It took a few moments for the youth basketball team to recognize the deceptively unimposing Trail Blazer standing quietly in the Ted M. Natt Court tunnel.
They had sat patiently through an hour of Blazer Dancer routines and prep standout knockout competitions until, finally, he had arrived.
A flash of recognition and the shouting started, the points and stares, hoop dreamers climbing over each other to get a better look.
Damian Lillard just smiled.
“I was a kid at the YMCA once,” Lillard said. “I know how much I would’ve loved to have had a professional athlete come by and be present. Just be there. It didn’t have to be a donation, it didn’t have to be anything.
“Just their presence would have meant a lot to me.”
Lillard did more than that: The All-Star point guard helping to earn $17,400 for the Longview YMCA at the Dick Hannah Toyota “Threes 4 Threes” event Saturday at the Natt, a donation that will be used, in part, for scholarships, to summer camps and swimming lessons.
“I played at the Y,” Lillard said. “The YMCAs I was involved with, it was less fortunate. We had a gym. It was afternoon programs, where you could get your homework done and stuff like that, but it was never field trips.”
BOSTON — As an assistant coach with the Mavericks, Dwane Casey doesn’t recall devoting too much time to the scouting reports on DeMar DeRozan.
“It was very vanilla,” Casey said. “He was young, athletic, a kid still learning the game. He was talented, but if my memory serves, there was not a big book on him. It wouldn’t have been long, in-depth scouting.”
As the Raptors’ coach, Casey’s first memory of DeRozan is far more vivid. It was June 21, 2011, the day Casey was introduced as Toronto’s eighth coach. Sitting on a dais while facing a horde of reporters, Casey noticed a lanky, baby-faced player neatly dressed in a coat and tie leaning against a wall in the back of the room. It was DeRozan, the Raptors’ swingman, who crashed the news conference to support his new coach.
“I remember calling my wife afterward and telling her how impressed I was by DeMar DeRozan,” Casey said. “[Former Raptors general manager] Bryan Colangelo had told me all about him. I couldn’t wait to work with him.”
DeRozan smiled as he recalled his first encounter with Casey.
“That year, I thought it was big for my career, for me developing and maturing into a staple of the Raptors’ organization,” said DeRozan, the ninth pick in the 2009 draft. “We just came off two tough seasons. We had a new coach. I wanted to be one of the first guys to greet him and kind of get a head start.”
Three years later, DeRozan has seen results: He ranks ninth in the NBA in scoring (team-high 22.7 points) and seventh in free-throw attempts (7.9), and he’s averaging a career-best 3.9 assists. At 24, DeRozan made his first All-Star team this year. Opposing coaches marvel at his development on offense.
“In January, his numbers were really good. Now they are better,” Celtics coach Brad Stevens said. “That’s pretty unusual for a guy having his best year. Usually you start to get more targeted and fall off. He has just continued to go up.”
DeMar DeRozan is currently in the midst of his best season as a professional basketball player. Quietly, the former Trojan has stepped up to the proverbial plate in his fifth year with the Toronto Raptors, and has developed into the outright go-to guy on a team that has longed for a leader on the court for years.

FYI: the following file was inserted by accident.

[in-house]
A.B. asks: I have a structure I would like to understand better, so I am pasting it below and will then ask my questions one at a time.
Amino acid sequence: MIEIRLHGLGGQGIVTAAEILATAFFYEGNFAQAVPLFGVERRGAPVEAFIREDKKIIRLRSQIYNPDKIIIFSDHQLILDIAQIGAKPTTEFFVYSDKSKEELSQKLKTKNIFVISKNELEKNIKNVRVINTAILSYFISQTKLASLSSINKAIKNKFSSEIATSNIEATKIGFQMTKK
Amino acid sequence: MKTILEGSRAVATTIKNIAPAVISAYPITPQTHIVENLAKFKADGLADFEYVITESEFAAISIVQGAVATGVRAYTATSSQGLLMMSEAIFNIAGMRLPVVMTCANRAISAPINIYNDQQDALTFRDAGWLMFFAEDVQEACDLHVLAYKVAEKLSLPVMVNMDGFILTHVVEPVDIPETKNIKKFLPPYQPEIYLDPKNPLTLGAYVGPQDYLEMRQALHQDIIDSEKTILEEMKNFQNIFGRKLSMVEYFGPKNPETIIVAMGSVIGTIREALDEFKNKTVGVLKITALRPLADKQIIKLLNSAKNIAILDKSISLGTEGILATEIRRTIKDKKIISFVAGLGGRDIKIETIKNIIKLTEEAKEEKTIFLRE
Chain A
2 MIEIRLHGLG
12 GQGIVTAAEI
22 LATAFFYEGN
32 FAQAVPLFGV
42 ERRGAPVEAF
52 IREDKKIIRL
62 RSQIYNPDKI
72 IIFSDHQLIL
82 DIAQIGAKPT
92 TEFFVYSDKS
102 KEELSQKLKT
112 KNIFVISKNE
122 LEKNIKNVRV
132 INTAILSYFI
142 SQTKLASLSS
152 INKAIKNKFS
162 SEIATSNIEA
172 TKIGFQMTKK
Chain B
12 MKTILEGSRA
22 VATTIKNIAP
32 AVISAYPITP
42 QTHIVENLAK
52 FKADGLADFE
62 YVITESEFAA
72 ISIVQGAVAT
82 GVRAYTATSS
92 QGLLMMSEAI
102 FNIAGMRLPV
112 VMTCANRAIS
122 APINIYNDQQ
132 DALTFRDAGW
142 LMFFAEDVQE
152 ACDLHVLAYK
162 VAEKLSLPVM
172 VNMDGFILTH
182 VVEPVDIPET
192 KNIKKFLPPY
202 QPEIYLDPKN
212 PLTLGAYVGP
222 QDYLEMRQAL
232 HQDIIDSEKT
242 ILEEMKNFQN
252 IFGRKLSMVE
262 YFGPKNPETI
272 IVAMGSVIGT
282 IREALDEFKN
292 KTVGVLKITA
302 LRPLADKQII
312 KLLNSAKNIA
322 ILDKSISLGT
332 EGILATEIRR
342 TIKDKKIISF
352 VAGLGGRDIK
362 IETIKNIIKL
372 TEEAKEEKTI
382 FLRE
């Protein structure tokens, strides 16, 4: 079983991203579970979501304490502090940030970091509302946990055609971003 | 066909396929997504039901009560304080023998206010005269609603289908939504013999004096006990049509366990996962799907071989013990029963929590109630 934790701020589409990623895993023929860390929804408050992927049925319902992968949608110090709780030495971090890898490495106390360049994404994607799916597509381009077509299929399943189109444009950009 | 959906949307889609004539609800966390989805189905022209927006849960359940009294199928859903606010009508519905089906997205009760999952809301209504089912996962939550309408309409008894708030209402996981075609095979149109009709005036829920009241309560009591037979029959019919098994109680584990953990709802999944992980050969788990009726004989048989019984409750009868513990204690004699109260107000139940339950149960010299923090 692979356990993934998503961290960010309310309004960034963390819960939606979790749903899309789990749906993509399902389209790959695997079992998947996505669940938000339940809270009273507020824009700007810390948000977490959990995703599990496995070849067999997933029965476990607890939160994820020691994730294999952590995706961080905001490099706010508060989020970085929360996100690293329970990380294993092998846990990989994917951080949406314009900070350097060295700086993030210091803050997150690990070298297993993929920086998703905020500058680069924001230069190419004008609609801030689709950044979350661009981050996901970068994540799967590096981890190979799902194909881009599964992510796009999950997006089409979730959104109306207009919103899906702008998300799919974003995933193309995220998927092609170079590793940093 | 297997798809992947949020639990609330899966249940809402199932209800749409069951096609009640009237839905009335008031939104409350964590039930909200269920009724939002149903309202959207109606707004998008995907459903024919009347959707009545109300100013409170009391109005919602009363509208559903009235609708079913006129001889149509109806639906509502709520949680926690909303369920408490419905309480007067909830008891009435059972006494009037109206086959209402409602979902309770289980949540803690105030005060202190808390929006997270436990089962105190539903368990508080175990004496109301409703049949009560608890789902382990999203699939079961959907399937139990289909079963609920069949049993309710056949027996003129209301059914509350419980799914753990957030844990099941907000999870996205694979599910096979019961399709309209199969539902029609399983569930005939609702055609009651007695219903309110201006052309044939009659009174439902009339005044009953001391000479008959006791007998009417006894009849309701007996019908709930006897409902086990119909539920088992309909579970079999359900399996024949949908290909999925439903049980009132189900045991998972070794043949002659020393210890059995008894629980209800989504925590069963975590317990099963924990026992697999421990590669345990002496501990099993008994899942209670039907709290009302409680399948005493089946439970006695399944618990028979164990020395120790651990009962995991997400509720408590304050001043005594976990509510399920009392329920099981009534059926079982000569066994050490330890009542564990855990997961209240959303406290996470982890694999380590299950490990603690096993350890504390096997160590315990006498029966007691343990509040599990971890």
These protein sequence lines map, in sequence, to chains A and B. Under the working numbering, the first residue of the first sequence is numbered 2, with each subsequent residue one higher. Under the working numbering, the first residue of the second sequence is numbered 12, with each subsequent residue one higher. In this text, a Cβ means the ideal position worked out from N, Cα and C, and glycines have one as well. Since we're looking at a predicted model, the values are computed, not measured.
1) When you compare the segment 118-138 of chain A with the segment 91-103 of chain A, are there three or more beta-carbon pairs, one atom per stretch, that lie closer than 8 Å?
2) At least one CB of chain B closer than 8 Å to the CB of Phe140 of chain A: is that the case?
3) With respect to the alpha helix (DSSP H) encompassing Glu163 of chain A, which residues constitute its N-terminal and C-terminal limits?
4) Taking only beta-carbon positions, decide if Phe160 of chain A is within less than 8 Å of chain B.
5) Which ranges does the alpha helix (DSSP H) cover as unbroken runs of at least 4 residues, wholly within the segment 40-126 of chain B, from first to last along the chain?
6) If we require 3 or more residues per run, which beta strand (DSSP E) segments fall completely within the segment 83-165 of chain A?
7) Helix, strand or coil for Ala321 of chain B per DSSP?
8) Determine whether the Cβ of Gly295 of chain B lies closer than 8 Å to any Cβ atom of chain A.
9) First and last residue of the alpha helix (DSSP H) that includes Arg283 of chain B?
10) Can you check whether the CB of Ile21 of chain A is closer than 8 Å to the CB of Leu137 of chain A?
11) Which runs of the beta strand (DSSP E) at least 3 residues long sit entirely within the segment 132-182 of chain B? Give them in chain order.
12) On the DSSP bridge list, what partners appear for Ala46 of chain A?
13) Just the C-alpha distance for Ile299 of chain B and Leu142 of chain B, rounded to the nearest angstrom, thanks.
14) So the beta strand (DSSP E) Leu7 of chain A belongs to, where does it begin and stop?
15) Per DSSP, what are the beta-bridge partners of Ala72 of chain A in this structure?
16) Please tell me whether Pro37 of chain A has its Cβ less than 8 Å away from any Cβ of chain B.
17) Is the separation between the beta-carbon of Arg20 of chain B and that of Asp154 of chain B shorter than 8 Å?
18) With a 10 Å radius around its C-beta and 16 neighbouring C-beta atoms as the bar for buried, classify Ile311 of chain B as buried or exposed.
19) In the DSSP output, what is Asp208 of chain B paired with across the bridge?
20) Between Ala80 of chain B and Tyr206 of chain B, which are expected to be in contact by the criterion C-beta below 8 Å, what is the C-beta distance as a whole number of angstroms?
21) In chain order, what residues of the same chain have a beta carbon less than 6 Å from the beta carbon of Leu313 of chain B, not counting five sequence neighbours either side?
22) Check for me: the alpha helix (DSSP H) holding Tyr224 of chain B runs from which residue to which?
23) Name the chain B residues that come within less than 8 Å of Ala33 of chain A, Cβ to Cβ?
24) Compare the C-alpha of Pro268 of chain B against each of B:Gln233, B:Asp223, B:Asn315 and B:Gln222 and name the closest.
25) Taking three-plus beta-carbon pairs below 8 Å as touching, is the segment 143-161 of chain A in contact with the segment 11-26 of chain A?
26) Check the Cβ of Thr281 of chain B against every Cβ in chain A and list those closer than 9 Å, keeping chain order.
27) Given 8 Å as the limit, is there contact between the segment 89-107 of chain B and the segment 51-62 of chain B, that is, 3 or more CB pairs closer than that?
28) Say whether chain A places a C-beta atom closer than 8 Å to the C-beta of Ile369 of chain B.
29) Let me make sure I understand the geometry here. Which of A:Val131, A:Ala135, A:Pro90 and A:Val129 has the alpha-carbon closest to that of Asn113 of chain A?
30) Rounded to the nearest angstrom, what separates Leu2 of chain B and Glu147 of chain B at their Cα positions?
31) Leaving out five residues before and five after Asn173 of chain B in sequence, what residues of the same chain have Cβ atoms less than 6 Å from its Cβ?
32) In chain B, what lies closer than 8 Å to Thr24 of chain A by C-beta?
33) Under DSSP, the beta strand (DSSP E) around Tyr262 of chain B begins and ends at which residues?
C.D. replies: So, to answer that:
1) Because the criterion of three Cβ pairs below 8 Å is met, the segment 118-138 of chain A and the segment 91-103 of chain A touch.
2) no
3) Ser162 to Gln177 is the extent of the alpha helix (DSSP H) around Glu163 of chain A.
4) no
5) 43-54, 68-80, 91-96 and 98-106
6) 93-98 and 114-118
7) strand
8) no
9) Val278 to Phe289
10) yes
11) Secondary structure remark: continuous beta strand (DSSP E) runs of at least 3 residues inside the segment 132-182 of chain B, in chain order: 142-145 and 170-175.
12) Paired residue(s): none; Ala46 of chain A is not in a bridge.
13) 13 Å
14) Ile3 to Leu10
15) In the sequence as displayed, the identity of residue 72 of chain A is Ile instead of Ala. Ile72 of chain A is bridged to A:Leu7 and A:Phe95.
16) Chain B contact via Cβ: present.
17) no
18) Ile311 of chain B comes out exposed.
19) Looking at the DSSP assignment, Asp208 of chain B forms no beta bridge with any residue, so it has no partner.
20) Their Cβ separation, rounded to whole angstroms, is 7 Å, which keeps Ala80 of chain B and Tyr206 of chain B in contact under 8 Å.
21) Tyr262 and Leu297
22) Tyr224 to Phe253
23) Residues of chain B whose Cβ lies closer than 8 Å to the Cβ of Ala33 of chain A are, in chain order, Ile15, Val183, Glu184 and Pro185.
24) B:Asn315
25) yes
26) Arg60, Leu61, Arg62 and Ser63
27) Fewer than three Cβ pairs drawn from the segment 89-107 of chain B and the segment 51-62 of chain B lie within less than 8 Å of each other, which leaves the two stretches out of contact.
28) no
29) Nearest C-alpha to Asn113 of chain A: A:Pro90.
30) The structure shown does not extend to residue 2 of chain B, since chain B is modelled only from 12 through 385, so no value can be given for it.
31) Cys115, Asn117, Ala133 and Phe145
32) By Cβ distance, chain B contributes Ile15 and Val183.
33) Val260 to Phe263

Despite the career-high numbers and the All-Star selection, DeRozan’s value as one of the legitimate top shooting guards in the league continues to be overlooked. DeRozan isn’t hiding his true talent and abilities. In fact, it is the opposite, as his stock as one of the NBA’s best shooting guards is kept secret by a small-market–in NBA standards–and by a team in the East not named the Heat or the Pacers. The truth is that DeRozan’s improvement and worth simply falls through the cracks in a league driven by large markets and commercialized franchises.
Regardless of how or why DeRozan’s game is underrated, this does not seem to be in the mind of the man himself. DeRozan is a “team-first” type of player, which was ever so present in his recent chat with former three-time NBA champion Rick Fox for the American Express Off Court segment on NBA.com.
DeRozan has been groomed for stardom, picked ninth overall in 2009. He is a high-volume scorer that has slowly taken on more and more responsibility within the team’s offence. This has not been handed to him, though, as his turbulent first four seasons demonstrated. All along, he has engaged in a little light torture, as well.
“That’s why I work so hard. It always bugged me going home early — just sitting there, doing nothing,” DeRozan said. “It used to make me so hungry, just watching. I’ve got a lot of friends that play in the playoffs. And I always had to hear them all summer talking about their experiences in the playoffs. It always pushed me even further. I just want to get there.”
In past years, he has forced himself to watch those friends play in May and June.
“I had to, just to understand and see how it was if you’re playing the same team a possible seven times in a row,” DeRozan said. “Just to understand that and see the different schemes out there. I was trying to really get knowledge of how it is played, every single day.”
Members of the DeMar DeRozan Slam Dunk Book Club met their group’s namesake courtside after a 104-98 Raptors win.
The enamored students gave the 6-foot-7 small forward a round of applause — he scored 32 points in his team’s victory — and asked questions about his path to stardom.
The grassroots program, started by former Toronto District School Board trustee Patrick Rutledge, encourages boys to read, while earning a chance to play basketball.